Updated: Apr 8
One of the toughest things I've felt on my homeschooling journey, is occasional and sometimes prolonged periods of inadequacy. I would like to think of myself as an intellectual person. Don't get me wrong, I'm not a rocket scientist and I would probably only ever achieve an average IQ in a test, but I know enough and have enough common sense to have achieved in my life.
So where does the inadequacy come from? Let's start with maths. I am totally rubbish at maths, I always have been and I always will be. But I can honestly say I have never needed to know long multiplication on the spot. I have never needed to whip out a protractor and I certainly haven't beat myself up for not knowing what a meter is without using something to measure it. I use a calculator just like everyone else. Or a spreadsheet depending on the work involved.
I can honestly say that upon reflection, there is not a single thing I learned at school that I use in my day to day life, except perhaps reading. And let's be honest, you don't need school to teach you that. In fact, I am an excellent reader, writer and speller. I have published poetry, write countless formal letters every day in my work life and even write newsletters and magazines. But I could not read until I was seven. The teachers were pulling their hair out with me by all accounts, ready to give up. Then all of a sudden, I sauntered into school one day and just read without any problems whatsoever at all. I needed to learn in my own time. Everything I know about spelling, grammar and sentence construction comes from reading. I still could not tell you what a conjunction, preposition or pronoun is. Who really cares? Word will spell check all this for you anyway!
I have never felt the need to pop out, grab some wood and make myself a clock. I can honestly say that I have never popped into the kitchen and knocked myself up a bit of homemade washing up liquid. I couldn't cook until I was 30, despite being raised by a chef and with a sister for a cook. This is something I taught myself when I had my first child. And I have never, ever felt inadequate as a parent until I started homeschooling using the curriculum as a guideline.
That's the problem right there isn't it? The National Curriculum. The holy grail of learning, achieving and the standard by which our children are measured for success. I really wish I could completely step away from the National Curriculum. For the most part, I do. I don't follow it for day to day learning, we do our own thing at our own pace and when we do, I never feel like I'm not enough. But when it comes to math and english, well, that's a whole other story. Suddenly I'm having to look up on YouTube the ridiculously long methods used to divide and multiply and everything else they've changed since the nineties. I still don't understand it, therefore, I can't teach my children and this leaves me feeling inadequate. What's frustrating about it is, that I know in my heart, unless my children are going to become doctor's or scientists they will probably never need to know these methods at all.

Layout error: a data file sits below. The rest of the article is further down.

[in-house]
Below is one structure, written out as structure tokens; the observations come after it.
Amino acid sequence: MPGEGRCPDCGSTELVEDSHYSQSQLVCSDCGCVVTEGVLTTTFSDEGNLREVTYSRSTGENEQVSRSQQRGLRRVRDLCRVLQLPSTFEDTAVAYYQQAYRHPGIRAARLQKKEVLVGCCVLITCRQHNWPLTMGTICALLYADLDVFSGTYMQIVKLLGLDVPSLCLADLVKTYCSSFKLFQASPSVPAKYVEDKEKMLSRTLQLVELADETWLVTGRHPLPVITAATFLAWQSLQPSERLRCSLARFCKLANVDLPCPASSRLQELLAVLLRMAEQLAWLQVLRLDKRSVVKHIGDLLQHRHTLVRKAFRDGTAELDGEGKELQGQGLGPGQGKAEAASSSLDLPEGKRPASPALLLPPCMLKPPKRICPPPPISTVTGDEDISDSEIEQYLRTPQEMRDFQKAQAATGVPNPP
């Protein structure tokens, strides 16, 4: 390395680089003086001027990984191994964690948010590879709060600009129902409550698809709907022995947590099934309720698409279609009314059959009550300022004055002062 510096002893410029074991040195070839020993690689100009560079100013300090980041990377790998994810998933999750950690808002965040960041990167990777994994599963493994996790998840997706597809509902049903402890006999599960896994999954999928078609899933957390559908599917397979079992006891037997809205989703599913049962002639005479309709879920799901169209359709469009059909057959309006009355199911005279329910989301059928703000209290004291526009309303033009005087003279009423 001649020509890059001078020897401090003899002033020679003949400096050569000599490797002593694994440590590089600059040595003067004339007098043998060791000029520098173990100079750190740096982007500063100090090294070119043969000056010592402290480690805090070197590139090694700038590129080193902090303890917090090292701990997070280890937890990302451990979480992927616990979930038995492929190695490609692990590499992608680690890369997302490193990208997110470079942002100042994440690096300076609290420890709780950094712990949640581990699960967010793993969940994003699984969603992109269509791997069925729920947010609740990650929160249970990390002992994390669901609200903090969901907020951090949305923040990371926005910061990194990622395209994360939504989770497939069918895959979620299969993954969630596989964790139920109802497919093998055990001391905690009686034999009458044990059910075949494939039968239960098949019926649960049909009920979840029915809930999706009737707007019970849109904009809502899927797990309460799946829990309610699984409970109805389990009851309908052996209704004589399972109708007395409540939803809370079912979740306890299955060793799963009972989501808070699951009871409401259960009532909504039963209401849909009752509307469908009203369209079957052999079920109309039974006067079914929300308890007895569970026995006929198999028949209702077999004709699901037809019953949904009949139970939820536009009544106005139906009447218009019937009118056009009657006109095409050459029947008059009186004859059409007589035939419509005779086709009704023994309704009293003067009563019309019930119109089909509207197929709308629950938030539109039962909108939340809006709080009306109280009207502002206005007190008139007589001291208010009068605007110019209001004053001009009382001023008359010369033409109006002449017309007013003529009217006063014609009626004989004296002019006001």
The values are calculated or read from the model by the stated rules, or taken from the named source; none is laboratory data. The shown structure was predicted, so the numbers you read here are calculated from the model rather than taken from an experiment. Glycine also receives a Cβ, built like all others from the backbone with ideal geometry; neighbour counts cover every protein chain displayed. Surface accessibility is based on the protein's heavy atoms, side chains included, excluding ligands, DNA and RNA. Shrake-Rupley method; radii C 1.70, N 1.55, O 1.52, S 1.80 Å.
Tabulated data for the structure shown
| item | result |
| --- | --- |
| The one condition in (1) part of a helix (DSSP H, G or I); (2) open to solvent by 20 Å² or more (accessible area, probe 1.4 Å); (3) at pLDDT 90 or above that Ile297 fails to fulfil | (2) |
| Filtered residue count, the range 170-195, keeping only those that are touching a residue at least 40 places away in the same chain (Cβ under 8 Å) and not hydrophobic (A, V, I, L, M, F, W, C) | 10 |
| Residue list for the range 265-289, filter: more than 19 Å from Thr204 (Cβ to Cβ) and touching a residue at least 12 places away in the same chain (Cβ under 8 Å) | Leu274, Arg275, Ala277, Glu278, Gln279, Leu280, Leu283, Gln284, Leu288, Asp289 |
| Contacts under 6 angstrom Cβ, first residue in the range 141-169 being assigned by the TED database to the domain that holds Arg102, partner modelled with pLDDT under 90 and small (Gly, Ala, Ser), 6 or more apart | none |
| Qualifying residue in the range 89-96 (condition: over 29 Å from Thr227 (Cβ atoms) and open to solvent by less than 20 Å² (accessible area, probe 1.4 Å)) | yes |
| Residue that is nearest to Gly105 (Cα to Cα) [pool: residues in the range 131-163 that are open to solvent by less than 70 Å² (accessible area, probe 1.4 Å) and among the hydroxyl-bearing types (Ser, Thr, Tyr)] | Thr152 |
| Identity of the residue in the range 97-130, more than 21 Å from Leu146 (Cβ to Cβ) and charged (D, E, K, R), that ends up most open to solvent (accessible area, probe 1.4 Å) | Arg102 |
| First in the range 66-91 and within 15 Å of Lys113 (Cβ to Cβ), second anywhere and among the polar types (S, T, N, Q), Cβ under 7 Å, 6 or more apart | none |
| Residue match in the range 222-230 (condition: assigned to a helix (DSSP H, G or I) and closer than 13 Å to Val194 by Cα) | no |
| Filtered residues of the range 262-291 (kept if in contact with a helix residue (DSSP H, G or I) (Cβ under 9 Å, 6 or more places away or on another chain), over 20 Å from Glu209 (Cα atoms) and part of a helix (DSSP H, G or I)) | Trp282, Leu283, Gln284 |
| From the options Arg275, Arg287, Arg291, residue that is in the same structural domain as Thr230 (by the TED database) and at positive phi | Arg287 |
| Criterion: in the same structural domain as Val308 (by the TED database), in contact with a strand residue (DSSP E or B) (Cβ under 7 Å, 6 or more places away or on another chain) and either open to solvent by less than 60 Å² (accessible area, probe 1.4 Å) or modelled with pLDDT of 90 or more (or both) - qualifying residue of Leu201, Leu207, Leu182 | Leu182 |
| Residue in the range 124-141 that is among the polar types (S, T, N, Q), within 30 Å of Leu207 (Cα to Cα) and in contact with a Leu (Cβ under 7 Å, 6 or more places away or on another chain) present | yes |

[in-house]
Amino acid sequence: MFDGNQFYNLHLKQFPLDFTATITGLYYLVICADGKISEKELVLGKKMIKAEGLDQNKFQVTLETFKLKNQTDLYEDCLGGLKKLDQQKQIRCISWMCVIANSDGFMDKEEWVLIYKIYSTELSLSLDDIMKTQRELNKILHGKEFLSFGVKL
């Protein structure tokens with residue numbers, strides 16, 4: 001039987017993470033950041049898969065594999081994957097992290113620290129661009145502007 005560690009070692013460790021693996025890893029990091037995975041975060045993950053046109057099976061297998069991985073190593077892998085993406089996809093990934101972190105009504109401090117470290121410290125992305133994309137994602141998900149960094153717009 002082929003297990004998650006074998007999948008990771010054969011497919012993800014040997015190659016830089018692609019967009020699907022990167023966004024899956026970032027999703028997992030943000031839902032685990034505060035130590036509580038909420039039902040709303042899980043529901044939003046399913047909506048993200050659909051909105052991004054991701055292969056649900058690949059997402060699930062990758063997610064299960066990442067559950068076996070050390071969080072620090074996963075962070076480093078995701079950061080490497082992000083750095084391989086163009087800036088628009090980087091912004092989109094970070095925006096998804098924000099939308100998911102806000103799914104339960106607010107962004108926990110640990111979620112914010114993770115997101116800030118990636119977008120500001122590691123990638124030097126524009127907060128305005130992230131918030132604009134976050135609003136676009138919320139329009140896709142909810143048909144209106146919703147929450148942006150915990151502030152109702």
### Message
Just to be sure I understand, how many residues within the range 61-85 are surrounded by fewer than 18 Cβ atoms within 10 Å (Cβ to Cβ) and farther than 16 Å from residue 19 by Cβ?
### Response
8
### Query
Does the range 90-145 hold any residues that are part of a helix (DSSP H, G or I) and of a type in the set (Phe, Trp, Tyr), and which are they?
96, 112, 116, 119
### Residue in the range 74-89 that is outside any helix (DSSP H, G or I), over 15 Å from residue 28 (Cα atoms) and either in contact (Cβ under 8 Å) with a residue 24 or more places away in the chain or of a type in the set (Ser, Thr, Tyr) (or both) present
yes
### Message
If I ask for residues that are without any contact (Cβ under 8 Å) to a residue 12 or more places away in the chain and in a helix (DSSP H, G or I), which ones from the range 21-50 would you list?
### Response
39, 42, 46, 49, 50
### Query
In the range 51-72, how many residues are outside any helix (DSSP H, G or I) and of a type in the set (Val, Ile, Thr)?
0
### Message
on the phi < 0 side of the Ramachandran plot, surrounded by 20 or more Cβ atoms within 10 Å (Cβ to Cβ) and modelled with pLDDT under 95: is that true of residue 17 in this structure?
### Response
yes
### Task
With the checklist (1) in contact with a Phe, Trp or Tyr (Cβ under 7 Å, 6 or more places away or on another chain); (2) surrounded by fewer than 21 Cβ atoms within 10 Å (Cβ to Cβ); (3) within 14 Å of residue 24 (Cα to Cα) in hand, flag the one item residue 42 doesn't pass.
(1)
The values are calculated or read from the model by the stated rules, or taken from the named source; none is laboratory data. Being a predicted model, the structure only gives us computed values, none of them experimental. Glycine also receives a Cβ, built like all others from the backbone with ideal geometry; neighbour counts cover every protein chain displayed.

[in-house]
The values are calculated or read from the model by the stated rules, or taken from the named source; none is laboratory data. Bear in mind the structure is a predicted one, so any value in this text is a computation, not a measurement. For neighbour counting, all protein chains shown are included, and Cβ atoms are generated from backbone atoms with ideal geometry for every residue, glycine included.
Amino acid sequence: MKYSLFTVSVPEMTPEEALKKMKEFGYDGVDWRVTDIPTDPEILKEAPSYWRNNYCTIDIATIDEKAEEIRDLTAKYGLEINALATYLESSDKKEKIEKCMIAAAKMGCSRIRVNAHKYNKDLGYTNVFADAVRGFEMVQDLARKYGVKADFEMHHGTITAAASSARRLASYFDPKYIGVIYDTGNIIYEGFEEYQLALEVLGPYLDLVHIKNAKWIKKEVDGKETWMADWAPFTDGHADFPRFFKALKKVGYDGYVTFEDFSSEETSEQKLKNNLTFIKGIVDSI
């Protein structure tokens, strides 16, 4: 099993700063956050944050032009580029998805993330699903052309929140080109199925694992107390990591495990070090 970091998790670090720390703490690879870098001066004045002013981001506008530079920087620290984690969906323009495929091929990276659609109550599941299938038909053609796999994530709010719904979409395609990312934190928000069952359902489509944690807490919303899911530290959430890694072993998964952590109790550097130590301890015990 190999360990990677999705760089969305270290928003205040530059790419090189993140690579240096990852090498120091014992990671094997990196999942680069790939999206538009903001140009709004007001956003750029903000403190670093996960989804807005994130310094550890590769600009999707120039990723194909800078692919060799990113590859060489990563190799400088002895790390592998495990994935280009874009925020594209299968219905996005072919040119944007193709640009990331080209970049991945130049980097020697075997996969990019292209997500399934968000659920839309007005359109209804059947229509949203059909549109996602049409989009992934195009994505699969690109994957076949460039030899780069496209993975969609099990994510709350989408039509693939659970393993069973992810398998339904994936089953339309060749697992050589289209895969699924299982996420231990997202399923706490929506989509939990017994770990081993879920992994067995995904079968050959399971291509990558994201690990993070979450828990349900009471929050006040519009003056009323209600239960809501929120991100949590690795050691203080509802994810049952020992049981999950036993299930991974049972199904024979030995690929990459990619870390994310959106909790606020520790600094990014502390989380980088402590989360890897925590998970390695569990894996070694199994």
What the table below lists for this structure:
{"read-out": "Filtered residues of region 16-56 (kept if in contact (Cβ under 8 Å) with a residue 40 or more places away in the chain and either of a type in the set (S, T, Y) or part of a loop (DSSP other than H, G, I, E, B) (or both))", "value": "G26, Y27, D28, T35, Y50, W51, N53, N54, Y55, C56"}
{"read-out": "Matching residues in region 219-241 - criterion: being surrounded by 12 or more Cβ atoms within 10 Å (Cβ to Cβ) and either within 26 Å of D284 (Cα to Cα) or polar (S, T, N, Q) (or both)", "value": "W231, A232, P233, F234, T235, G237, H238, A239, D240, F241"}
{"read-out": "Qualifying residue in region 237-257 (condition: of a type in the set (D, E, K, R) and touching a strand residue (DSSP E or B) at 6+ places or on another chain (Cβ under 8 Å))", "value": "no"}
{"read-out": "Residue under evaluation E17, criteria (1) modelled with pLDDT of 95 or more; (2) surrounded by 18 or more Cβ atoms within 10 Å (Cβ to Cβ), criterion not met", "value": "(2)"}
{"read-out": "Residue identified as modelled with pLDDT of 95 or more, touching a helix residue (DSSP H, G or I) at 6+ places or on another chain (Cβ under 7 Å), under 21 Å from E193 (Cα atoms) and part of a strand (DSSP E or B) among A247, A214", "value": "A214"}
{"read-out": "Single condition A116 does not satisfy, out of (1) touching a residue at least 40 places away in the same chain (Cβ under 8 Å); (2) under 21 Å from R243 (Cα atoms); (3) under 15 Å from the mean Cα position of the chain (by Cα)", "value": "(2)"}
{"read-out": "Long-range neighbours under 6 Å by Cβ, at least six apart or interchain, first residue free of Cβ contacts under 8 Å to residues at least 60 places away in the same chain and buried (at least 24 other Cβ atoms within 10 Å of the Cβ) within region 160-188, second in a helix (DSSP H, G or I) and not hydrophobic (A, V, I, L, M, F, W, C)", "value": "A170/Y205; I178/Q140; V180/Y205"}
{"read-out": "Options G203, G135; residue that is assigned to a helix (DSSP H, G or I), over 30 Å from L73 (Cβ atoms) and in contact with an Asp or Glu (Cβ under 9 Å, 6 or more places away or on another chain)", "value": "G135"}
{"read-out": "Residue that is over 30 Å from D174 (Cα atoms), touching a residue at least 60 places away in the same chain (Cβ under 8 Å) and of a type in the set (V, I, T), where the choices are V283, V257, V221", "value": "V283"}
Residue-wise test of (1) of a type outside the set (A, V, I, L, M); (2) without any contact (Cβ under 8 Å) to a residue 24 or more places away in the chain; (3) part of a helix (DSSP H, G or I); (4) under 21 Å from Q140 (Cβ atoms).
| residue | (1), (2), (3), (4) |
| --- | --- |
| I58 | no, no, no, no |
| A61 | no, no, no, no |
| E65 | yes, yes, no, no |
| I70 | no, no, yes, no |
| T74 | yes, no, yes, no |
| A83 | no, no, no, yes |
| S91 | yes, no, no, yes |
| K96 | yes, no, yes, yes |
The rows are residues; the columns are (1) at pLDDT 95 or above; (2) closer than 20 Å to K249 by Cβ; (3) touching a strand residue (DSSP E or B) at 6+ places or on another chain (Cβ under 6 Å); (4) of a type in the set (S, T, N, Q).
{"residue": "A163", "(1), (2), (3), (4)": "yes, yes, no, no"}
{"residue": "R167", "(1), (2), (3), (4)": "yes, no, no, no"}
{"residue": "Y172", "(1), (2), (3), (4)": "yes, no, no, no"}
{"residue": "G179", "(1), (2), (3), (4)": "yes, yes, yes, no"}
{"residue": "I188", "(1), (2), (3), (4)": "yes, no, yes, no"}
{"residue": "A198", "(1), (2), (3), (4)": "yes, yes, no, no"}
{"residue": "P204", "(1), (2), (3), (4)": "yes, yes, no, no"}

I read a question in a book the other day that asked what the 'speech was' of the word alter. What does that even mean? It just made me feel stupid. Why, as a parent, should I have to feel this way? Our children must feel this way when they are amongst the select few that 'don't get it'. Left feeling dumb and secondary to their peers and for what? To learn information they will probably never need anyway? You might be sitting here thinking, well don't teach them the curriculum then. Just a reminder, I don't. But when it comes to maths and english, I've tried to stick with the methods taught in the curriculum incase my children decide to go to high school. Because we all know, despite how they get to the answer, whether it's right or wrong, they will be made to use the workings out only the school approves of, to get to the answer. And that is what I do not agree with. If children can figure out an answer that's right, in a way that makes sense to them, then let them!
So, how does homeschooling make you feel? For the most part, I feel great about it. I feel closer to my children than ever before and I really feel I'm making a difference to their lives. But I just can't shake these awful feelings of inadequacy that creep in from time to time. Do you ever feel this way? How do you cope with it? I would love to know! Comment and let me know.
Thanks for reading.